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Posted by on Oct 11, 2013 in Diabetes mellitus | 0 comments

In a nutshell

This study investigated the use of an automated bolus advisor and its benefit in controlling blood glucose levels.

Some background

Individuals with diabetes often require several insulin injections a day in order to control blood glucose levels.  The amount of insulin needed with each bolus (each injection) depends on many factors, including the carbohydrate composition of the last (or upcoming) meal, how sensitive each individual is to insulin, the current blood glucose value, physical activities and the general health status of the individual. 

Taking all these factors into account may be a very complex and stressful task. Often, dangerously large doses of insulin are injected as a result. Injections of unnecessarily large doses of insulin may result in hypoglycemia (dangerously low blood glucose levels). In addition, the fear of hypoglycemia often leads patients to inject smaller than needed doses of insulin, resulting in uncontrolled diabetes and an increased risk of serious complications.

Methods & findings

This study investigated the use of an automated system which calculates for the patient how much insulin to inject. The device was built into a standard blood glucose meter, and takes into consideration patient factors such as age and insulin sensitivity (which were individually programmed into the device).

193 diabetic patients with either type 1 or type 2 uncontrolled diabetes participated in this study. 100 patients were assigned to use the automated bolus advisor. The remaining 93 patients formed the control group and continued to calculate the amount of insulin needed for each injection as they had done previously. The aim of the study was to obtain a 0.5% decrease in HgbA1c levels (a measurement of average blood glucose levels used in the assessment of diabetic control).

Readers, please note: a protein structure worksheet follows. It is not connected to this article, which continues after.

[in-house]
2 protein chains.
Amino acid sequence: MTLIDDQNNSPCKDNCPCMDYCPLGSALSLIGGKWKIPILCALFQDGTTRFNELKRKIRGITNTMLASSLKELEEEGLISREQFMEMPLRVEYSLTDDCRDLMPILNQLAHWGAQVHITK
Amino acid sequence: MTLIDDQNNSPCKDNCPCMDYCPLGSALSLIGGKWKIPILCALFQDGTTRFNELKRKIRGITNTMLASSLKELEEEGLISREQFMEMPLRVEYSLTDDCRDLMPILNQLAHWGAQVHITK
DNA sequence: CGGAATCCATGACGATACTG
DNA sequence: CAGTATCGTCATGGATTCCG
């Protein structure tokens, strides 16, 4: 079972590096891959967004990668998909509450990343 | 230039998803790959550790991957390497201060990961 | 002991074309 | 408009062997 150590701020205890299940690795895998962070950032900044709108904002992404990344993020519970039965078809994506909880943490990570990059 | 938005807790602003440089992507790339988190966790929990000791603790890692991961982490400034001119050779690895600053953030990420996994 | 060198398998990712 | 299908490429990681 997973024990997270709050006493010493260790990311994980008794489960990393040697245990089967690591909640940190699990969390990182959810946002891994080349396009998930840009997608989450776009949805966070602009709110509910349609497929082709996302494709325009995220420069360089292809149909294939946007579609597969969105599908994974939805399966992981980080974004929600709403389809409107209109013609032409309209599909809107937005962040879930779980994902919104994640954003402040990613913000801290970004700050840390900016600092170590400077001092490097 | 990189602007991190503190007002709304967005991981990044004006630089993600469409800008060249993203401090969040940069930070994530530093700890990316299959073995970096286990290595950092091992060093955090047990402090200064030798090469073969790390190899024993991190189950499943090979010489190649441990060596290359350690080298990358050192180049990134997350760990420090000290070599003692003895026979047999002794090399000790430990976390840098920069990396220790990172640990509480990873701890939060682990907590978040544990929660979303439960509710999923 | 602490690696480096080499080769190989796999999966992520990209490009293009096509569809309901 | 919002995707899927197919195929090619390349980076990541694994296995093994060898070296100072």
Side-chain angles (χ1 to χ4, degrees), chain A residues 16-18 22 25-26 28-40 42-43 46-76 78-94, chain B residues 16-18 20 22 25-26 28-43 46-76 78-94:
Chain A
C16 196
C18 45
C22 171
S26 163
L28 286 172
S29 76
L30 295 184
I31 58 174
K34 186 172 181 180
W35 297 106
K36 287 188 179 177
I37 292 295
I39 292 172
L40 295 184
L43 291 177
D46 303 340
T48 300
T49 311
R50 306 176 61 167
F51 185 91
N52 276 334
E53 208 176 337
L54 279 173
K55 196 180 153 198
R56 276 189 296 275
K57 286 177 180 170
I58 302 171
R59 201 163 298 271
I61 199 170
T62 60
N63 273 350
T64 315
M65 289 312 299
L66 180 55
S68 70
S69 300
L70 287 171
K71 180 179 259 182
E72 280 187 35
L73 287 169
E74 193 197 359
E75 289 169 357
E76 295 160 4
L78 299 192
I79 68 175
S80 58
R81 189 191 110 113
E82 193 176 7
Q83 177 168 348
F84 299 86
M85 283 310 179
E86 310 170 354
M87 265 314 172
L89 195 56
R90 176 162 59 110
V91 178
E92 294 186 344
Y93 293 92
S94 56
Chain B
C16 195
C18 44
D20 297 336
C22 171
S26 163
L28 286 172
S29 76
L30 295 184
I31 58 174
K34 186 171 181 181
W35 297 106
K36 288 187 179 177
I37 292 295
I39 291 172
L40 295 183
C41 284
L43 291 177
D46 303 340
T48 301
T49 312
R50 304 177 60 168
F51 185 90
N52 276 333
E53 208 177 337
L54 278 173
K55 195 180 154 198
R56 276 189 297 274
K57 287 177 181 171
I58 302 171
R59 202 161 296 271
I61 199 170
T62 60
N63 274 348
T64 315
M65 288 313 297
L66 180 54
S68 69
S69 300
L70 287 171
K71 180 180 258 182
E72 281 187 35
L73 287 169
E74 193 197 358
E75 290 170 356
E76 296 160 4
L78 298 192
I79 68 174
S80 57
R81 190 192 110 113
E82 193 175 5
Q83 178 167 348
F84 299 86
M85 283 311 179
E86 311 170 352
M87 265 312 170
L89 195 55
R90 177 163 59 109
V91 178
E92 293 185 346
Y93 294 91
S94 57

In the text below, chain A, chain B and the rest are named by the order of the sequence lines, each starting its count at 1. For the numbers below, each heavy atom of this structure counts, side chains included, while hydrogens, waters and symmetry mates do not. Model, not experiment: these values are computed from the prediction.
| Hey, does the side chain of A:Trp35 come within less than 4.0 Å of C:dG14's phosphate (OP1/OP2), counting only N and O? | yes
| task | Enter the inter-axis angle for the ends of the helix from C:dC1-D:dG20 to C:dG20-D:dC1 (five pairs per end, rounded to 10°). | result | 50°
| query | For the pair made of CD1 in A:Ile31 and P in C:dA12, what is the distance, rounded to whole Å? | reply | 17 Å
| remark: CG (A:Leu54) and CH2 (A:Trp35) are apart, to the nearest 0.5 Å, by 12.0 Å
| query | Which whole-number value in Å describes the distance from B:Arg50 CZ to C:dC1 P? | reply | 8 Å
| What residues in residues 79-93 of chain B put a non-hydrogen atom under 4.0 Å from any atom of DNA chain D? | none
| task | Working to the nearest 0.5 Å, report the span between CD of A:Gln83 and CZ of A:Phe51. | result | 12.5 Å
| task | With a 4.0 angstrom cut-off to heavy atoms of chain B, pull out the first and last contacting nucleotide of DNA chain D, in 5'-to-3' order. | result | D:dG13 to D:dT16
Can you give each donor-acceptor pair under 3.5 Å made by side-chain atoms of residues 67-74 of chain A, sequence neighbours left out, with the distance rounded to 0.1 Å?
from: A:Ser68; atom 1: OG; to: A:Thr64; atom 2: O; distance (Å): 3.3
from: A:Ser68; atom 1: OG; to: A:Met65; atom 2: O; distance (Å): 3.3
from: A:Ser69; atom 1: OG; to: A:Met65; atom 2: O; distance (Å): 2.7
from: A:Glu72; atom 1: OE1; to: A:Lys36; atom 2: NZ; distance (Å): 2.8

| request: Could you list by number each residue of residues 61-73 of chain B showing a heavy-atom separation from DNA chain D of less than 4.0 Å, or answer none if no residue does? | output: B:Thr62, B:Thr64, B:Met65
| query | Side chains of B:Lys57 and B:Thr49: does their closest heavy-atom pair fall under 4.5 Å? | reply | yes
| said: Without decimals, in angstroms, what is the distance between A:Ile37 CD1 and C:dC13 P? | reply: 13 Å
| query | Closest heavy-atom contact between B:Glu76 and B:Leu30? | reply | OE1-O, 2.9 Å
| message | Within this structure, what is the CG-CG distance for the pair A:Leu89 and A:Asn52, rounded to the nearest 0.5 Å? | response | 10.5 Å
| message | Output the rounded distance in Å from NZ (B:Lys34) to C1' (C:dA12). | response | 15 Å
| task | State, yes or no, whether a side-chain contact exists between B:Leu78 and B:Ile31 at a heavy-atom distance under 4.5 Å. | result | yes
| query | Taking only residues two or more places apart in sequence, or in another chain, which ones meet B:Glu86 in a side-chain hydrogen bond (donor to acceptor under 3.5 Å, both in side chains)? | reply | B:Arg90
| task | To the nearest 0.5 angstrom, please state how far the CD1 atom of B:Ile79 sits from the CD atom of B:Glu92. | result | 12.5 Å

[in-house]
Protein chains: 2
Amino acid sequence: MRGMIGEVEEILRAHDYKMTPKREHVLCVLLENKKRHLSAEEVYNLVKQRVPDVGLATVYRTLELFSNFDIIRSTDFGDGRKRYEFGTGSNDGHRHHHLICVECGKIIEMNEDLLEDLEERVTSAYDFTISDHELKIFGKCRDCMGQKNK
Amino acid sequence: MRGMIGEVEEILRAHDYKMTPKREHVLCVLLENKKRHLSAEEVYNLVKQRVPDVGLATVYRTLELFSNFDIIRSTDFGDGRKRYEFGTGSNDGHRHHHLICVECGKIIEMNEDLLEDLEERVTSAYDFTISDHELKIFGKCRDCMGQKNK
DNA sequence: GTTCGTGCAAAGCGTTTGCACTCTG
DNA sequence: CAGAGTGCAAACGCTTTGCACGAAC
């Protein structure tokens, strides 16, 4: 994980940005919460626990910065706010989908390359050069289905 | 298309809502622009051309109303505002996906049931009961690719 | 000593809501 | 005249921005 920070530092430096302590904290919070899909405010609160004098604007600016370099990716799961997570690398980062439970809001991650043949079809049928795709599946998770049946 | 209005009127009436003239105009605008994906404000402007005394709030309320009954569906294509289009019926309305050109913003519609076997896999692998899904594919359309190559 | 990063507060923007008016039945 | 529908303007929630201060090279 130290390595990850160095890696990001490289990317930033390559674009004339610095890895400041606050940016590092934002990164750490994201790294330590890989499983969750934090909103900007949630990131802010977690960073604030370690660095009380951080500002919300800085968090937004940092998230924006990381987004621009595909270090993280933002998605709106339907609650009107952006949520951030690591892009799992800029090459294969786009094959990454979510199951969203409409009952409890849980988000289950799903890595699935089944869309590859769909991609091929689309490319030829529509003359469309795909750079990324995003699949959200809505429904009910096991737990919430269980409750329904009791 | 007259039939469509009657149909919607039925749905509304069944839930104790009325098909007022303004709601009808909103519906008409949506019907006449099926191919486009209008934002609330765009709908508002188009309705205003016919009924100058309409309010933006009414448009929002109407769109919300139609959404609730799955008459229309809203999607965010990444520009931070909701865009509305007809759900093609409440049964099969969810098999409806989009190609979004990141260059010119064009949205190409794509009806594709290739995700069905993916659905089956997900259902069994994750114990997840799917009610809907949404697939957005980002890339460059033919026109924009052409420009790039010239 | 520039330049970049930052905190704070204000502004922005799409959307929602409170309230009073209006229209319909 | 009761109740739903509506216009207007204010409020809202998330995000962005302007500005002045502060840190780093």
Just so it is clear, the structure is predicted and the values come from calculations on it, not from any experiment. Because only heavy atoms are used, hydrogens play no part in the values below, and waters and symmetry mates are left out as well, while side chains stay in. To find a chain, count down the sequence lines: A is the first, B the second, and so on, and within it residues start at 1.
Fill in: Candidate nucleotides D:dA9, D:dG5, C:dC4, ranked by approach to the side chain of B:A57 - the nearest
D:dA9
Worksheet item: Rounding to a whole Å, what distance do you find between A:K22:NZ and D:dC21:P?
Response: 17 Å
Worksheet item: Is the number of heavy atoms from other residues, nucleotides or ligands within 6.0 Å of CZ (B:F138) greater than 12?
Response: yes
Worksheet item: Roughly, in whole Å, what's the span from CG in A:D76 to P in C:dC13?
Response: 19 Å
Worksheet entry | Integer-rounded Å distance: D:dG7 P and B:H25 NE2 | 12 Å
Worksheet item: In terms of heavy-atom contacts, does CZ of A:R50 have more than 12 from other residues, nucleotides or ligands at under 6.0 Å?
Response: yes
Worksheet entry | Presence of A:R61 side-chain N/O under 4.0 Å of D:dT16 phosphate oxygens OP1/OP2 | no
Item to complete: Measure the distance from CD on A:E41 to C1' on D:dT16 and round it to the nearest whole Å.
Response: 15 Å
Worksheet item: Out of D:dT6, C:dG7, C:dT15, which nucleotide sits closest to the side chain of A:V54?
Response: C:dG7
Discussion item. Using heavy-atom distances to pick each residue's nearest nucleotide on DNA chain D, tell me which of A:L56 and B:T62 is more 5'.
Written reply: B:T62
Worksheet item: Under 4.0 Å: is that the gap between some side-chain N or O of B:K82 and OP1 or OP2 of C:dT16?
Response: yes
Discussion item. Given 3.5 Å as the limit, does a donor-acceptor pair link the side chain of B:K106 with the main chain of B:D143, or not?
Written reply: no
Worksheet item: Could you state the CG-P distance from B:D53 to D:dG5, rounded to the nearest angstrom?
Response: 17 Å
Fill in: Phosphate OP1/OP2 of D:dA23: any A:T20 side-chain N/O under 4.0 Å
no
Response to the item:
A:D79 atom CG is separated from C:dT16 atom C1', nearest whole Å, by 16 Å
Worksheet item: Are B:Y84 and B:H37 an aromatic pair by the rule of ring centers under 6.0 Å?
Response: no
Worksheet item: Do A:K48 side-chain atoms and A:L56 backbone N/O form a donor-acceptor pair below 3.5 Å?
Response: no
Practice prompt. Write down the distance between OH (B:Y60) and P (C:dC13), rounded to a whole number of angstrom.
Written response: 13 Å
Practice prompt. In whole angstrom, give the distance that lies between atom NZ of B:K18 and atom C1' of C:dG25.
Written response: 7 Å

Results showed that 56.5% of patients in the automated treatment group obtained this level of reduction, compared to only 34.4% of patients in the control group. The rate of hypoglycemic episodes was less than 2% in both groups. In addition, according to patient reports, treatment satisfaction and stress reduction were greater in the automated treatment group compared to the control group.

The bottom line

This study concluded that the use of an automated bolus advisor is safe, and may significantly improve blood glucose control in diabetic patients requiring multiple daily insulin injections.

The fine print

This study included only a small number of patients. Although only patients with poorly controlled diabetes (HgbA1c>7.5%) were included in this study, the use of an automated bolus advisor may also prove beneficial for well controlled patients.

What’s next?

Consult with your physician regarding the calculation of insulin boluses and different aids that may assist in this process.

Published By :

Diabetes Care

Date :

Aug 01, 2013

Original Title :

Use of an Insulin Bolus Advisor Improves Glycemic Control in Multiple Daily Insulin Injection (MDI) Therapy Patients With Suboptimal Glycemic Control: First results from the ABACUS trial.

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